Covell v. City of Seattle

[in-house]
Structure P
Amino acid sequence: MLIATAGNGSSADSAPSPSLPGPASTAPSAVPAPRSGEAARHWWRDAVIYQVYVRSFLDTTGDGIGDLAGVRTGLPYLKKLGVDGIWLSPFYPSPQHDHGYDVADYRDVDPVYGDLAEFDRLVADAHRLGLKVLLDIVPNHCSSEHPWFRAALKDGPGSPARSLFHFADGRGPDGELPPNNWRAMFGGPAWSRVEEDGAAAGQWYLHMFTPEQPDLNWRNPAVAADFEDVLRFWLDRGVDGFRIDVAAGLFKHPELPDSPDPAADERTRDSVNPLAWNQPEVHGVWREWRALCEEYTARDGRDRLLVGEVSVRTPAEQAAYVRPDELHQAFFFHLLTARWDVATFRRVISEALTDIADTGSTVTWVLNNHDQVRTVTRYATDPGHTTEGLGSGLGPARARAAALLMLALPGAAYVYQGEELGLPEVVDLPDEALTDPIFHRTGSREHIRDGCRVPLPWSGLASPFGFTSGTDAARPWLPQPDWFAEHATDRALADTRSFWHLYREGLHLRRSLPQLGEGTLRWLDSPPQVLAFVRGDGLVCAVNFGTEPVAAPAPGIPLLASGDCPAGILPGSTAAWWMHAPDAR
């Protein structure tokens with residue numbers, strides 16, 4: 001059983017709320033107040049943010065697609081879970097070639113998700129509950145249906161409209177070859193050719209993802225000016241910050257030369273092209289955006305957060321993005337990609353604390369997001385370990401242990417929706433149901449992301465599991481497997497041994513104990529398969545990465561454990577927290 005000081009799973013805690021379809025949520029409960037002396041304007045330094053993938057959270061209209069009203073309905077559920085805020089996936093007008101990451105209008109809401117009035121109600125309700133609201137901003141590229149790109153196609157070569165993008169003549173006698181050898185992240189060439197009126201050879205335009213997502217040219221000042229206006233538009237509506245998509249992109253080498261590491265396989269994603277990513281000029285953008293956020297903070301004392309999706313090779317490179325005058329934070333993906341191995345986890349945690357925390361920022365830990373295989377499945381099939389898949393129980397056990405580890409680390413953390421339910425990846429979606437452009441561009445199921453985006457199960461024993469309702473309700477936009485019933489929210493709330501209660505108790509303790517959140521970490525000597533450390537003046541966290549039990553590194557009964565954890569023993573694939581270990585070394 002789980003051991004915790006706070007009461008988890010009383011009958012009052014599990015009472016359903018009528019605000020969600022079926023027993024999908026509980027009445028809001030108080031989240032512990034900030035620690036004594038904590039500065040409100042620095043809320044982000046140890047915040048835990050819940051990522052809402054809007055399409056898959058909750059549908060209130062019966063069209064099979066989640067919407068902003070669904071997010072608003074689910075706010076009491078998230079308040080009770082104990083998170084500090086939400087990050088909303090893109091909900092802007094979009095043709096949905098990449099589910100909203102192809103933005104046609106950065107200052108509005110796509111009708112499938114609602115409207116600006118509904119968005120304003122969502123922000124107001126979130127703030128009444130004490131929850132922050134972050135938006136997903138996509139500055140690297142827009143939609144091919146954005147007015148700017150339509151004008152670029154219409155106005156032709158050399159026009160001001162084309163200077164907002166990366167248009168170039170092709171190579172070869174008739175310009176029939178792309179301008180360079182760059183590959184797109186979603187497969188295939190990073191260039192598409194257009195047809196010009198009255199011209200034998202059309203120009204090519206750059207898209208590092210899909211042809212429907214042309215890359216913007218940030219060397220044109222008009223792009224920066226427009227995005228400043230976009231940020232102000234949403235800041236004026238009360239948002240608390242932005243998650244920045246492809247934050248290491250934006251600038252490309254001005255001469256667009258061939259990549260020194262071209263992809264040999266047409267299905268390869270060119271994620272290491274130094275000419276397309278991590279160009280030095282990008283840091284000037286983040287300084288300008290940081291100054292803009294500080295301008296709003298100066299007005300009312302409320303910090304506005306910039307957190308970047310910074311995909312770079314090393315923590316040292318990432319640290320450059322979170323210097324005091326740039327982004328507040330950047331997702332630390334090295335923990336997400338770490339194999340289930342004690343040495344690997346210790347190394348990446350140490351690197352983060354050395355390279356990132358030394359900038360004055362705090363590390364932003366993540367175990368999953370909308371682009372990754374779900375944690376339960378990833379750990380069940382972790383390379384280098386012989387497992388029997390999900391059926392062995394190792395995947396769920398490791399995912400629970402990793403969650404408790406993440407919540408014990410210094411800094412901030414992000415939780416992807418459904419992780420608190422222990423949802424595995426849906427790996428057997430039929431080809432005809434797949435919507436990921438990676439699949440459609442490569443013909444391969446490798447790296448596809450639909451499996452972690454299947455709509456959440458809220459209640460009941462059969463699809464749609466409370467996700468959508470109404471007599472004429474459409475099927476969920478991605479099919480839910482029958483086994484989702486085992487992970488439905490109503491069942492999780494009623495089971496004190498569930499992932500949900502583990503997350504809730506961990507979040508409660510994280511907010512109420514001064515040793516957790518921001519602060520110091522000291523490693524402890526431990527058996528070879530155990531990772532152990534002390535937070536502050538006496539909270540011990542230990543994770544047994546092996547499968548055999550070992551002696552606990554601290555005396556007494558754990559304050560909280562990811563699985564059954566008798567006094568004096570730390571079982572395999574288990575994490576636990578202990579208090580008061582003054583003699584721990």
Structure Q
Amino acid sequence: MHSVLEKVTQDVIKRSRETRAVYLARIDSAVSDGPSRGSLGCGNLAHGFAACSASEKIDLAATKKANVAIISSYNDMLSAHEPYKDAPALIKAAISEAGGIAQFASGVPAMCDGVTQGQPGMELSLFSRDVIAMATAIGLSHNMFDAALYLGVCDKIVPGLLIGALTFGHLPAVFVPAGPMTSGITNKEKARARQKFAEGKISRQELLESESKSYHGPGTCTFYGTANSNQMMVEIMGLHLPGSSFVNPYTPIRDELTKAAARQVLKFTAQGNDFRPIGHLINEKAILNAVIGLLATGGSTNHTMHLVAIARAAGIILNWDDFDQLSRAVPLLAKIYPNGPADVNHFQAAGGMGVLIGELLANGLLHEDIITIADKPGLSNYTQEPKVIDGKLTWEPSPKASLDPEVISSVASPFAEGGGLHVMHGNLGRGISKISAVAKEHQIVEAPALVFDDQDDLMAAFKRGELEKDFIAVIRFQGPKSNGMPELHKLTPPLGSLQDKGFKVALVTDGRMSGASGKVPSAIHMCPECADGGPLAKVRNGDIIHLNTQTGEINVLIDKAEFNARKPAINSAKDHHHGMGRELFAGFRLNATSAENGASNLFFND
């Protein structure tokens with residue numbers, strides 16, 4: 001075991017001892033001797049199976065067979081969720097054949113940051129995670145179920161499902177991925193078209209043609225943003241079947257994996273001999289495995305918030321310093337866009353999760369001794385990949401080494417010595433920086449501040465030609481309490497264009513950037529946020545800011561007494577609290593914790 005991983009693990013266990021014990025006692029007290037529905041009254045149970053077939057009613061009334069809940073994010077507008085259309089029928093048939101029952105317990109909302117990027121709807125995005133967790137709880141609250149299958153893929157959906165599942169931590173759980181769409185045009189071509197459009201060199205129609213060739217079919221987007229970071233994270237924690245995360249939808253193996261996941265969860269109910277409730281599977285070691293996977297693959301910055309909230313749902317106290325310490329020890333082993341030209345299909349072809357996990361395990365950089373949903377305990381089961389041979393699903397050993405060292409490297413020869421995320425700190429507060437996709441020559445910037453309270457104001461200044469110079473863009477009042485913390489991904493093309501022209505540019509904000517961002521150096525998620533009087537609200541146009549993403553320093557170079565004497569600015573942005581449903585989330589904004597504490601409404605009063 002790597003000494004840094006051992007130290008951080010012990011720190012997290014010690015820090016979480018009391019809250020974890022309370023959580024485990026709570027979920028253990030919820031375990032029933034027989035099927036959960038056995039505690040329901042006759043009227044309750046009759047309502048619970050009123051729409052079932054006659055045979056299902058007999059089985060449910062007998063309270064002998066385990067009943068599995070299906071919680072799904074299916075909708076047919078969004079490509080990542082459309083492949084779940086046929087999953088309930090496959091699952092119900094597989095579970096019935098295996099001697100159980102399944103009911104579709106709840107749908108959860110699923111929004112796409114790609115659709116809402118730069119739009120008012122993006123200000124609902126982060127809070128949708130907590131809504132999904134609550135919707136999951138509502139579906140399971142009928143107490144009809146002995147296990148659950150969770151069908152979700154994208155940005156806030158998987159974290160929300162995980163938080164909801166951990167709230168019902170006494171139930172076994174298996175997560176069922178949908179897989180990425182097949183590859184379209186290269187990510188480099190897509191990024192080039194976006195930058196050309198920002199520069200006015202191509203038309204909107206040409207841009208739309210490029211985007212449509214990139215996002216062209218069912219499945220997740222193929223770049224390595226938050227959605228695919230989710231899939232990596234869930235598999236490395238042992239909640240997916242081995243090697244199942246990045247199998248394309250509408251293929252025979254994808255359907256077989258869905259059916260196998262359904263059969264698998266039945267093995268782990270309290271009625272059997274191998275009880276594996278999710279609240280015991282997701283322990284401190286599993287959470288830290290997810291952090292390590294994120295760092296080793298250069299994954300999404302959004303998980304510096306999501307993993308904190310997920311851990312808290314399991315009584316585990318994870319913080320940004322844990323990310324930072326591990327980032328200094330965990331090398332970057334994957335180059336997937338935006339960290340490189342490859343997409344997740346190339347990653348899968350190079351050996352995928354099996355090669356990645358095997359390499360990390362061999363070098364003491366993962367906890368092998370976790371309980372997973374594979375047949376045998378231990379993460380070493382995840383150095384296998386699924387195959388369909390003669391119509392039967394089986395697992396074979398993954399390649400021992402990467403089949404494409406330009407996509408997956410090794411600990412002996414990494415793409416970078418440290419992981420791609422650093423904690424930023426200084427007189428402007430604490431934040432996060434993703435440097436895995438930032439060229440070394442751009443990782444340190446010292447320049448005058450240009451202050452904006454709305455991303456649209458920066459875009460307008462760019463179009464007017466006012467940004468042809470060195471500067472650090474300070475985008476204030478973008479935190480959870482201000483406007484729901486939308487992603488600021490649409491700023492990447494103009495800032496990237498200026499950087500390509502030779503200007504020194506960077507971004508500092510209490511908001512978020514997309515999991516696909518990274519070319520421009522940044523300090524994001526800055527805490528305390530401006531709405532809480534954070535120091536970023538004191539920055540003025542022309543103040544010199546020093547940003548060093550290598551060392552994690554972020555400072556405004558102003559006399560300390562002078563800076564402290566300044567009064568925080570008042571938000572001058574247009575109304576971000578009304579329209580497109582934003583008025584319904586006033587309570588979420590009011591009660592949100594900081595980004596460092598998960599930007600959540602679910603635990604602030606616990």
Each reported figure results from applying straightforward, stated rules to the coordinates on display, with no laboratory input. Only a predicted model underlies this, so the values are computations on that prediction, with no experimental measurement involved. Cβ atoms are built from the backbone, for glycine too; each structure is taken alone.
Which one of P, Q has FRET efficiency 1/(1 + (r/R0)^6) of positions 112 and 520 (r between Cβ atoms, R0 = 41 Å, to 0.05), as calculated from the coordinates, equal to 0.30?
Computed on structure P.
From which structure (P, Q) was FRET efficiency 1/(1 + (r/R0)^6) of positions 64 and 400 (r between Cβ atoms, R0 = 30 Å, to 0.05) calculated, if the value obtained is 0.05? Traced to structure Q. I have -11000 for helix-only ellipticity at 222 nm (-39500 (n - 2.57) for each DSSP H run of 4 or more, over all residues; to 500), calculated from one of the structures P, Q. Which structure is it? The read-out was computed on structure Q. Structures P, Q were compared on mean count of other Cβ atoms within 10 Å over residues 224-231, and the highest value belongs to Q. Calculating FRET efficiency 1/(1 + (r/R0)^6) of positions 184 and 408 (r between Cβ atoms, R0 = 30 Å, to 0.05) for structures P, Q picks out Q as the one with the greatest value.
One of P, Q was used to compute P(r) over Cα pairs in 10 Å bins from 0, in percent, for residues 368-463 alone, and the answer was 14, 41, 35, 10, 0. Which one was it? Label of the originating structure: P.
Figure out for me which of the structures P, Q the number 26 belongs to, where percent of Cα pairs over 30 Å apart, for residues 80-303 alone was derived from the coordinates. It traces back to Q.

In Covell v. City of Seattle, 127 Wn.2d 874, 905 P.2d 324 (1995), the Court first sought to ascertain the central rationale for enactment of Seattle's street utility charges by focusing on the legislative language found in the ordinances themselves: Although there is language in the ordinances requiring the adoption of a transportation plan along with a funding plan, most of the regulatory language is devoted to fiscal planning rather than toward the type of service or benefit for those who pay fees. . . . The ordinance language with regard to street improvement and maintenance is of an extremely general nature, and the thrust of the legislation is clearly on funding. Covell, 127 Wn.2d at 880-81. The Court concluded: "The primary concern of these enactments is with collecting money to pay for public improvements rather than with public health, safety, or welfare." Id. at 883. In Covell, the Court defined property taxes as "an absolute and unavoidable demand against property or the ownership of property." The Court wrote: In this case, the street utility charge is not levied against the exercise of any particular right of ownership. Rather, the charge is imposed for the "use or availability of the streets." SMC 21.100.030. The amount of the charge, however, is levied against property owners to accomplish the public benefit of improving streets. Consequently, the street utility charge, as assessed, must be declared unconstitutional. Covell, 127 Wn.2d at 891.